We are glad to welcome Hideki Tsuiki in Swansea again. This Thursday we really enjoyed his talk on “Imaginary Cubes — Mathematics, Puzzle, Art and Education”.
Abstract: Imaginary cubes are three-dimensional objects with square projections in three orthogonal ways just as a cube has. How many different kinds of imaginary cubes can you imagine? In this talk we show that there are 16 kinds of minimal convex imaginary cubes which includes regular tetrahedron, cuboctahedron, and two objects that we call H and T. As we will explain, H and T have a lot of beautiful mathematical properties related to tiling, fractal, and higher-dimensional geometry, and based on these properties, the speaker has designed a puzzle, constructed three-dimensional math-art objects, and used them for educations at various levels from elemental school to graduate schools. In this talk, I will explain mathematics of imaginary cubes and show the activities I have been engaged in. I will carry a couple of copies of the puzzle and some of the math-art objects so that the audience can enjoy them while I am staying in Swansea.
Following the Summer School, we are really proud to host the 2nd Proof Society Workshop. The workshop was an opportunity to listen to a lot of interesting invited and contributed talks on proof theory and various areas of its application:
Adam Wyner: Computational Law – The Case of Autonomous Vehicles Yong Cheng: Exploring the incompleteness phenomenon Matthias Baaz: Towards a Proof Theory for Henkin Quantifiers Sonia Marin: On cut-elimination for non-wellfounded proofs: the case of PDL Gilles Dowek: Logical frameworks, reverse mathematics, and formal proofs translation Benjamin Ralph: What is a combinatorial proof system? William Stirton: Ordinal assignments correlated with notions of reduction Oliver Kullmann: Practical proof theory: practical versions of Extended Resolution Anton Setzer and Ulrich Berger on behalf of Ralph Matthes: Martin Hofmann’s case for non-strictly positive data types – reloaded Laura Crosilla: Philosophy of mathematics and proof theory Takako Nemoto: Recursion Theory in Constructive Mathematics Arno Pauly: Combinatorial principles equivalent to weak induction Antonina Kolokolova: The proof complexity of reasoning over richer domains Joost Joosten: The reduction property revisited Helmut Schwichtenberg: Computational content of proofs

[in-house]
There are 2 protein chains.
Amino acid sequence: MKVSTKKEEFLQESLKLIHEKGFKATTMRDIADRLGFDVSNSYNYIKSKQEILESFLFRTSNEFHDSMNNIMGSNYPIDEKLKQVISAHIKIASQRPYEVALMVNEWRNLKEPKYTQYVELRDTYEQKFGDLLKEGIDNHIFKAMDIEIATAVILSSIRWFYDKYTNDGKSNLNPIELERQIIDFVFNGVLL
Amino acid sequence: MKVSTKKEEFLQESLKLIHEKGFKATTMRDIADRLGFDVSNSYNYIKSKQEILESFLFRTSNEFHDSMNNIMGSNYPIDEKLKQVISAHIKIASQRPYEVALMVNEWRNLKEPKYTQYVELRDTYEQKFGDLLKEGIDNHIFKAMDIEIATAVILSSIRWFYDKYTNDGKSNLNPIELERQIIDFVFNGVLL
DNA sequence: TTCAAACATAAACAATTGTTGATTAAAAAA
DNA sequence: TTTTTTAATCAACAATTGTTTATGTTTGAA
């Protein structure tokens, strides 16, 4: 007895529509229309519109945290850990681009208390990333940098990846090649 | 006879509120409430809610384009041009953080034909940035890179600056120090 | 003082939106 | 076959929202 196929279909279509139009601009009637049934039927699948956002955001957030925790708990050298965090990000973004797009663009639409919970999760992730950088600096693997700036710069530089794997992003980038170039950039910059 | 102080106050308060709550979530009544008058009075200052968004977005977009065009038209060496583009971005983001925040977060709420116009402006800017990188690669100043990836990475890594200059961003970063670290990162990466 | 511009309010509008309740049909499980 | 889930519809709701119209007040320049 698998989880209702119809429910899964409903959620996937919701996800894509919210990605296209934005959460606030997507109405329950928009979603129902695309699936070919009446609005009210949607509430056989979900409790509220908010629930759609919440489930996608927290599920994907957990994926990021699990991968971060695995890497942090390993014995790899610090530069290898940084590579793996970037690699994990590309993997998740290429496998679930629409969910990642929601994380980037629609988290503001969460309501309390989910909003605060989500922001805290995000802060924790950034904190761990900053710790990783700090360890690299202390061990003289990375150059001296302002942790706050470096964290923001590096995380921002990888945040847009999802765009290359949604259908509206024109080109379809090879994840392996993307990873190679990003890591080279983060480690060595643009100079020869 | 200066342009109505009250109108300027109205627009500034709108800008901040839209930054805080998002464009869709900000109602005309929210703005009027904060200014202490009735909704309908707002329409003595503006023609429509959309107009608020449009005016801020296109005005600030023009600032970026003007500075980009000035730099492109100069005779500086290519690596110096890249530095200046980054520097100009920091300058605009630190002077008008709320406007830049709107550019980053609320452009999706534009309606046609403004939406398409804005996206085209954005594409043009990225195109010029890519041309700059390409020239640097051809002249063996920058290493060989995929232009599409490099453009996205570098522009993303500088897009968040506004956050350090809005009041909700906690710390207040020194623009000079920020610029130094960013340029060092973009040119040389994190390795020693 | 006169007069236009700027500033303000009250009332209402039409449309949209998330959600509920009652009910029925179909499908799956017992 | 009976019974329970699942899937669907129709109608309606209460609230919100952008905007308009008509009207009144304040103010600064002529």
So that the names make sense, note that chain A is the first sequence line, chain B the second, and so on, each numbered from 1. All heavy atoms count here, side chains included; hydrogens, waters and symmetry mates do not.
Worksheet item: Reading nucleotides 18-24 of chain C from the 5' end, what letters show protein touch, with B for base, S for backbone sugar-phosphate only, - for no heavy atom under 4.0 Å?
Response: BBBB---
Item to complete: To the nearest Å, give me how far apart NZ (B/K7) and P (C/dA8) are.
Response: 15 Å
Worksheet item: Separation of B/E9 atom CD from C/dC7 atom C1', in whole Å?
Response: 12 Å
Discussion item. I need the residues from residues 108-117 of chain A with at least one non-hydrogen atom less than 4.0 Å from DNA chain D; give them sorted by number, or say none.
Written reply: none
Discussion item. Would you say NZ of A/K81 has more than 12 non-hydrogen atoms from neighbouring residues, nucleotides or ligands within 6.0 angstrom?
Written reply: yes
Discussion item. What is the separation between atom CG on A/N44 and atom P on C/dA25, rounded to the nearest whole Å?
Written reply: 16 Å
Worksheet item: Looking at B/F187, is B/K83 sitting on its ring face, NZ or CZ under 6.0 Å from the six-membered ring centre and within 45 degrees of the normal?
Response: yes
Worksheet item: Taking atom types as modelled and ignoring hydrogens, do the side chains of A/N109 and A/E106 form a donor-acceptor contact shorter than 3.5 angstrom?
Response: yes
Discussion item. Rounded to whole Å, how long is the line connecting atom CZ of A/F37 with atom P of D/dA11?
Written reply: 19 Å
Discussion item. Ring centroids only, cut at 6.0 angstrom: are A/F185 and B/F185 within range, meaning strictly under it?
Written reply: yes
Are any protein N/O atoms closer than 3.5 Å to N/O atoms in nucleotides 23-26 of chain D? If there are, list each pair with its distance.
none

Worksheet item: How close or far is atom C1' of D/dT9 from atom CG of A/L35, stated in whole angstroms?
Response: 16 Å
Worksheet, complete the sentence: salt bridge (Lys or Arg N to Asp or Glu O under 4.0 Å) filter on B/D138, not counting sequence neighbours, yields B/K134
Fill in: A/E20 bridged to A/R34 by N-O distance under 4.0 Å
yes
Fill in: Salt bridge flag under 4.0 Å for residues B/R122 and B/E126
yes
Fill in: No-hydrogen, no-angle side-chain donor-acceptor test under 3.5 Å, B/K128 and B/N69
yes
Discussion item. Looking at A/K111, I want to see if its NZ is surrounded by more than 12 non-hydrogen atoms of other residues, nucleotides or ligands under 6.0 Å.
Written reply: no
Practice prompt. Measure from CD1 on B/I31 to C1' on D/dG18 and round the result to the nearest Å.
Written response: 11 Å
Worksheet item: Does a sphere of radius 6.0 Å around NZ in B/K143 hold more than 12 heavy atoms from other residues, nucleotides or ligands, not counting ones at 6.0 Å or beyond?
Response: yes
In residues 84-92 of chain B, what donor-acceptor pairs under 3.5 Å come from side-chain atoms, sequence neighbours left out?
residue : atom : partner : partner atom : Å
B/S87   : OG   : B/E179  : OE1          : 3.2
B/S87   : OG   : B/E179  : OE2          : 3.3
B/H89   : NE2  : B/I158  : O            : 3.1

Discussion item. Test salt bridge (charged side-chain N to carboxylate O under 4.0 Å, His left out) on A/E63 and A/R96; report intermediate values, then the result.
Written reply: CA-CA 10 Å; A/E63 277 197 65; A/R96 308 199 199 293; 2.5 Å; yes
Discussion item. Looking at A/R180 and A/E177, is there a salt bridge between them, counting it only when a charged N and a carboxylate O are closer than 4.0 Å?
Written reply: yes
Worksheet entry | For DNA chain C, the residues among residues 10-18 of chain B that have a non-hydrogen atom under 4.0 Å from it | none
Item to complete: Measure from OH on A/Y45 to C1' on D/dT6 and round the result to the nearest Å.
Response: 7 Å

Thanks to all the speaker and participants and we hope to see you all again soon.
We were glad to welcome Takako Nemoto, who joined us on the second day of the Summer School and gave her course on Reverse Mathematics.
As a treat, the participants of the Summer School had a trip to Rhossili and enjoyed a walk along the Welsh coastal path with stunning views. Big thanks to Arved Friedemann and Melissa Antonnelli for the beautiful photos.
We were lucky with both the lovely weather and the fact that Bay Campus is located right at the seafront, so the evening brought a nice treat for everyone in a form of a BBQ at the beach. Big thanks to Arnold, Faron for their grilling and Ulrich, Rosalie, Monika, Arved, Aled, Anton, Olga and everyone else who helped with the organisation.
Federico Cerutti from Cardiff University is visiting us this Thursday. He will give a talk on Probabilistic Logic Programming with Beta-Distributed Random Variables.
Abstract: We enable aProbLog—a probabilistic logical programming approach—to reason in presence of uncertain probabilities represented as Beta-distributed random variables. We achieve the same performance of state-of-the-art algorithms for highly specified and engineered domains, while simultaneously we maintain the flexibility offered by aProbLog in handling complex relational domains. Our motivation is that faithfully capturing the distribution of probabilities is necessary to compute an expected utility for effective decision making under uncertainty: unfortunately, these probability distributions can be highly uncertain due to sparse data. To understand and accurately manipulate such probability distributions we need a well-defined theoretical framework that is provided by the Beta distribution, which specifies a distribution of probabilities representing all the possible values of a probability when the exact value is unknown.
Federico Cerutti's research activity is focused mainly on nonmonotonic reasoning (in particular argumentation theory), and on decision support with uncertainty and trust.
Philipp Schlicht is visiting us today from Bristol. He’ll give us an introduction to automatic structures in the theory seminar today (2pm, CoFo 201).
Abstract: Automatic structures were first studied by Khoussainov and Nerode in 1995. I will first give an introduction with a focus on automatic ordinals and groups and then talk about tree-automatic structures. In particular, I will mention some recent partial results with Jain, Khoussainov and Stephan on the isomorphism problem for tree-automatic ordinals.
My research focus is set theory -- in particular, descriptive set theory, forcing, large cardinals -- and computability. I work as a Marie Curie Research Fellow on the project 'Inner models and infinite computations' together with Prof. Philip Welch.